My sense is that carpentry has the most women in it. My hunch is that more industrial things like welding and ironworking have the least. Carpenter, electrician, and plumber will give you the easiest chance to go off and do work on your own and eventually start your own contracting company. Welding, pipefitting, etc, will give you the best chance to work for a big established company that has better benefits.

uh. that's kind of a long comment. memail me if i haven't blathered enough.

[1] it pisses me off that american schools generally track the stupid kids into vocational education. particularly since these are the kids that are more likely to end up running small businesses. but i digress.
posted by rmd1023 at 7:24 AM on May 29, 2011 [6 favorites]

Your website is brilliant. One can't help hoping you'll pursue it and that it could pay off as well as any trade. Sorry for being off-topic.
posted by fivesavagepalms at 7:47 AM on May 29, 2011 [1 favorite]

Response by poster: I appreciate the sentiment and the compliment, fivesavagepalms, but I really do not see how drawing on index cards is going to net me $60,000+ a year. Could it supplement my income? Of course. Also, I'm sure I would be able to figure out a way to support myself living a very cheap lifestyle with it (as it is, I live on about $3000-4000/year), but my overall goal is to work hard in something relatively well-paying for a few years and then buy some land and build a little off-grid house and do the whole homesteading thing. Once the land is actually bought, I would certainly do things like try to make money off my drawings and other various pursuits, but land ain't cheap and I don't want to have to work 30 years slowly putting a little bit aside before I can start doing what I actually want to start doing. All that's not to say money is the only reason I want to get into the trades. I like working hard at something and then seeing real, tangible progress at the end of the day. I like making things, solving problems, getting dirty, and I actually like physical labor.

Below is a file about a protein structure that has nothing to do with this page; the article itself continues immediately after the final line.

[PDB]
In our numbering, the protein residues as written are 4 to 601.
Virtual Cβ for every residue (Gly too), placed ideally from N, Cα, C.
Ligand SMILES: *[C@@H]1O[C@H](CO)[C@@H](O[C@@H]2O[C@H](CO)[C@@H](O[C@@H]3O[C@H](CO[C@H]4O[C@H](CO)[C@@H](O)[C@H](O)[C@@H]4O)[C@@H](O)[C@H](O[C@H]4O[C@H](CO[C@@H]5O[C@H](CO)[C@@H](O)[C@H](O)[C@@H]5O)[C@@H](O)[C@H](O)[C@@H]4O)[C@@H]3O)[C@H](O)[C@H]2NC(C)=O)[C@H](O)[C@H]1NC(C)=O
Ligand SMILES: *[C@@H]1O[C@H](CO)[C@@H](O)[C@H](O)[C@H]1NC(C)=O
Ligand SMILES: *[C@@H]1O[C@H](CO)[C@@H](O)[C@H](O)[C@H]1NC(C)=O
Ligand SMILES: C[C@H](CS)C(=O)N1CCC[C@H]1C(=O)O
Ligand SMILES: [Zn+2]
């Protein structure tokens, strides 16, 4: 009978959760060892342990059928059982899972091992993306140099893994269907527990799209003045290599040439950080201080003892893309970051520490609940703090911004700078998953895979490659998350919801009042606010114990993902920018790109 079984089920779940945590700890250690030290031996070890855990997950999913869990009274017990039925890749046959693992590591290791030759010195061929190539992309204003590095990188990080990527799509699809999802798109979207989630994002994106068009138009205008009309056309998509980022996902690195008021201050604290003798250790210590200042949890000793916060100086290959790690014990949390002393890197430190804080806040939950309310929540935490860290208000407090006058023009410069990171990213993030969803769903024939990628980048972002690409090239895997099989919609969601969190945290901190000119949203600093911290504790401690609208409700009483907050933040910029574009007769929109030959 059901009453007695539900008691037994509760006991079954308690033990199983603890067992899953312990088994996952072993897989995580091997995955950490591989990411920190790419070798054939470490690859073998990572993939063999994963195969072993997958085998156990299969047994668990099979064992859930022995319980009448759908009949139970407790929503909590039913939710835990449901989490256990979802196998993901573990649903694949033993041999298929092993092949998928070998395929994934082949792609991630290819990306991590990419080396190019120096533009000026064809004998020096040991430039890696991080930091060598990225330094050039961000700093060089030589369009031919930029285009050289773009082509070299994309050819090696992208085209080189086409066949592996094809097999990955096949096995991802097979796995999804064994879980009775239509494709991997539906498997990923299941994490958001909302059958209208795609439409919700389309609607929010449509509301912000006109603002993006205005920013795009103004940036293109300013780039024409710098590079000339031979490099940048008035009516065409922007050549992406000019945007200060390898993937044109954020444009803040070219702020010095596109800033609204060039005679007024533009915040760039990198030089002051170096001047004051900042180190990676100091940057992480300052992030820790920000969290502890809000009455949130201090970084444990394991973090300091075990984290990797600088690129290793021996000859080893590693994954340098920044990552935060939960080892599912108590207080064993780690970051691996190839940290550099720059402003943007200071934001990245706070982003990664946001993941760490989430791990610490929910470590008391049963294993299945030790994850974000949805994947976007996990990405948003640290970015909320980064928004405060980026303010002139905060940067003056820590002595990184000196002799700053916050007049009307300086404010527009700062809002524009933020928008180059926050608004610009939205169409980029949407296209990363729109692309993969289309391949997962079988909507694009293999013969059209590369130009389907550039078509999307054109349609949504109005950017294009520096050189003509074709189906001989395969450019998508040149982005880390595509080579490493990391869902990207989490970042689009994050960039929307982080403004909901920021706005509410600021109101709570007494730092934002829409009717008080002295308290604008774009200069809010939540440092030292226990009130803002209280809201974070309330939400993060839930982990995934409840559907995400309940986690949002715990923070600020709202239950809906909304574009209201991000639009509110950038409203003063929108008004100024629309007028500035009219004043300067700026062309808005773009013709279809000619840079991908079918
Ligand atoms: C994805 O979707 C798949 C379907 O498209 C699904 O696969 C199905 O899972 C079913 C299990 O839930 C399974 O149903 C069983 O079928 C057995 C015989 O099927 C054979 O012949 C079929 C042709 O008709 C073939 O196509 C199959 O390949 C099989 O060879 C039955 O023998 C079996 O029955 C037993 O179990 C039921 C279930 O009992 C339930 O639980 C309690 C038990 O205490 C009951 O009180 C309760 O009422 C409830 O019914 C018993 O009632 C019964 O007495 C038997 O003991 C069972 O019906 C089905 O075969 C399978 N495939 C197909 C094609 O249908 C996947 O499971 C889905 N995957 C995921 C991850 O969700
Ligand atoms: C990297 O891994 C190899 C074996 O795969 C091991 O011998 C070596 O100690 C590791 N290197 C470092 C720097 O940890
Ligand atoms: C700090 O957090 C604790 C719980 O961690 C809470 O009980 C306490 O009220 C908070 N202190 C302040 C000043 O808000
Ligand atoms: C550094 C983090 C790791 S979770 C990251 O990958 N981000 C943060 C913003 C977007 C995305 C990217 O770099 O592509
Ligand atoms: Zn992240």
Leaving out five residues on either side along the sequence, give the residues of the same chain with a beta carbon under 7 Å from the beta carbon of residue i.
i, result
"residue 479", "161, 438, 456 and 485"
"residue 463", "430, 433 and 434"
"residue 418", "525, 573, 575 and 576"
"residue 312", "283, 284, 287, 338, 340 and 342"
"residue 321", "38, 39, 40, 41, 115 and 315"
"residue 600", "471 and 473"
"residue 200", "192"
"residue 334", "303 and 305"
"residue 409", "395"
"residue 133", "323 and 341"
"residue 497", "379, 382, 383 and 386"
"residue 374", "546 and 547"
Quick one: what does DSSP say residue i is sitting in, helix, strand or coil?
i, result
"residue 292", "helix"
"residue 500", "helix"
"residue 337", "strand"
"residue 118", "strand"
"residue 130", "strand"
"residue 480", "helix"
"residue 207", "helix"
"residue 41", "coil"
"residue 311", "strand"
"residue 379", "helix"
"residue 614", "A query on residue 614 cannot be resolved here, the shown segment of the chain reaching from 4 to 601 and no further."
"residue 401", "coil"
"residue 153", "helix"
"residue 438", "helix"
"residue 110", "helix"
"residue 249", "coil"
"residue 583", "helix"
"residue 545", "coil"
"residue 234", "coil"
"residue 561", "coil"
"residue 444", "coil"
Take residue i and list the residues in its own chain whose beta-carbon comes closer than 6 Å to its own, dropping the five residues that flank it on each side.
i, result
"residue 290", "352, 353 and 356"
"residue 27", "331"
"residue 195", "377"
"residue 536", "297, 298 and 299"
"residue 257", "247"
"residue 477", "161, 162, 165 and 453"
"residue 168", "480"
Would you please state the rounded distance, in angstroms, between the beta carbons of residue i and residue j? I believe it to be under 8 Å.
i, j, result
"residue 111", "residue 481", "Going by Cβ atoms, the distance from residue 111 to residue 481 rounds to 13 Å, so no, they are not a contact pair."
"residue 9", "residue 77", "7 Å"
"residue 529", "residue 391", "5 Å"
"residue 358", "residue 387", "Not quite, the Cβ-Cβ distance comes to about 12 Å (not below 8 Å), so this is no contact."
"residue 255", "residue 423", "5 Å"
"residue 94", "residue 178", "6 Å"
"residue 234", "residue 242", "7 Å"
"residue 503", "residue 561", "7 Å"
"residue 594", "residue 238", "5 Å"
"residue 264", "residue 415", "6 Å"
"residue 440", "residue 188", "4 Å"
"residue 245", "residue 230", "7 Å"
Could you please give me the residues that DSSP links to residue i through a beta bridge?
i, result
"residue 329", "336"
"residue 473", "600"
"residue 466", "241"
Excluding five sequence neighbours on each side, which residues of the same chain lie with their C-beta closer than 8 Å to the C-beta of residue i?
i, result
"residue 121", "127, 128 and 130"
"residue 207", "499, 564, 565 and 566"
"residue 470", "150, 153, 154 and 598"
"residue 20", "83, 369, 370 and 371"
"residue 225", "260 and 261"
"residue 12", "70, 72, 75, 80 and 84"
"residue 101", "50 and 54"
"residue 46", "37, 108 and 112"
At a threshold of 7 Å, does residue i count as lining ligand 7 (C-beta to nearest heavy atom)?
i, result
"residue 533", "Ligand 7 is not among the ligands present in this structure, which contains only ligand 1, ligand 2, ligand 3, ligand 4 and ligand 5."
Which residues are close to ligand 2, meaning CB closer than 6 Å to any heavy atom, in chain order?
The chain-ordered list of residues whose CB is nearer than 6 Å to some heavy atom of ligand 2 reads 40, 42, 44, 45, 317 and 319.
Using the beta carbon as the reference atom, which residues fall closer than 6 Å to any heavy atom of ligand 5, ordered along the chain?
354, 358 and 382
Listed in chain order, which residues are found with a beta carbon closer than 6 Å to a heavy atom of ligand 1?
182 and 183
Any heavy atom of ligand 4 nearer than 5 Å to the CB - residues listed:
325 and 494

posted by mingo_clambake at 9:54 AM on May 30, 2011

going into people's houses and meeting their pets.

true story: so, my then-boss and i have a habit of making up songs about our own pets. This also extended to *other people's* pets. We would talk to them, sing to them, and pet/scritch them if the animals were so inclined. (cats are often *fascinated* by electrician's snakes, as they're just a long piece of spring steel.) We once amused the hell out of a customer because they overheard us riffing about their pets. (I think it was a labrador retriever behind a gate in a kitchen, so of course we started talking about "fee fie foe fab! i smell the smell of a KITCHEN LAB")

so, there are days like that, and then there are days where you spend half of the 90F day in an attic crawl space that's hot enough that the 90F feels comparatively cool, and you have to wear a long-sleeved shirt with your cuffs taped closed and a dust mask because of all the rockwool blown-in insulation.
posted by rmd1023 at 10:27 AM on May 30, 2011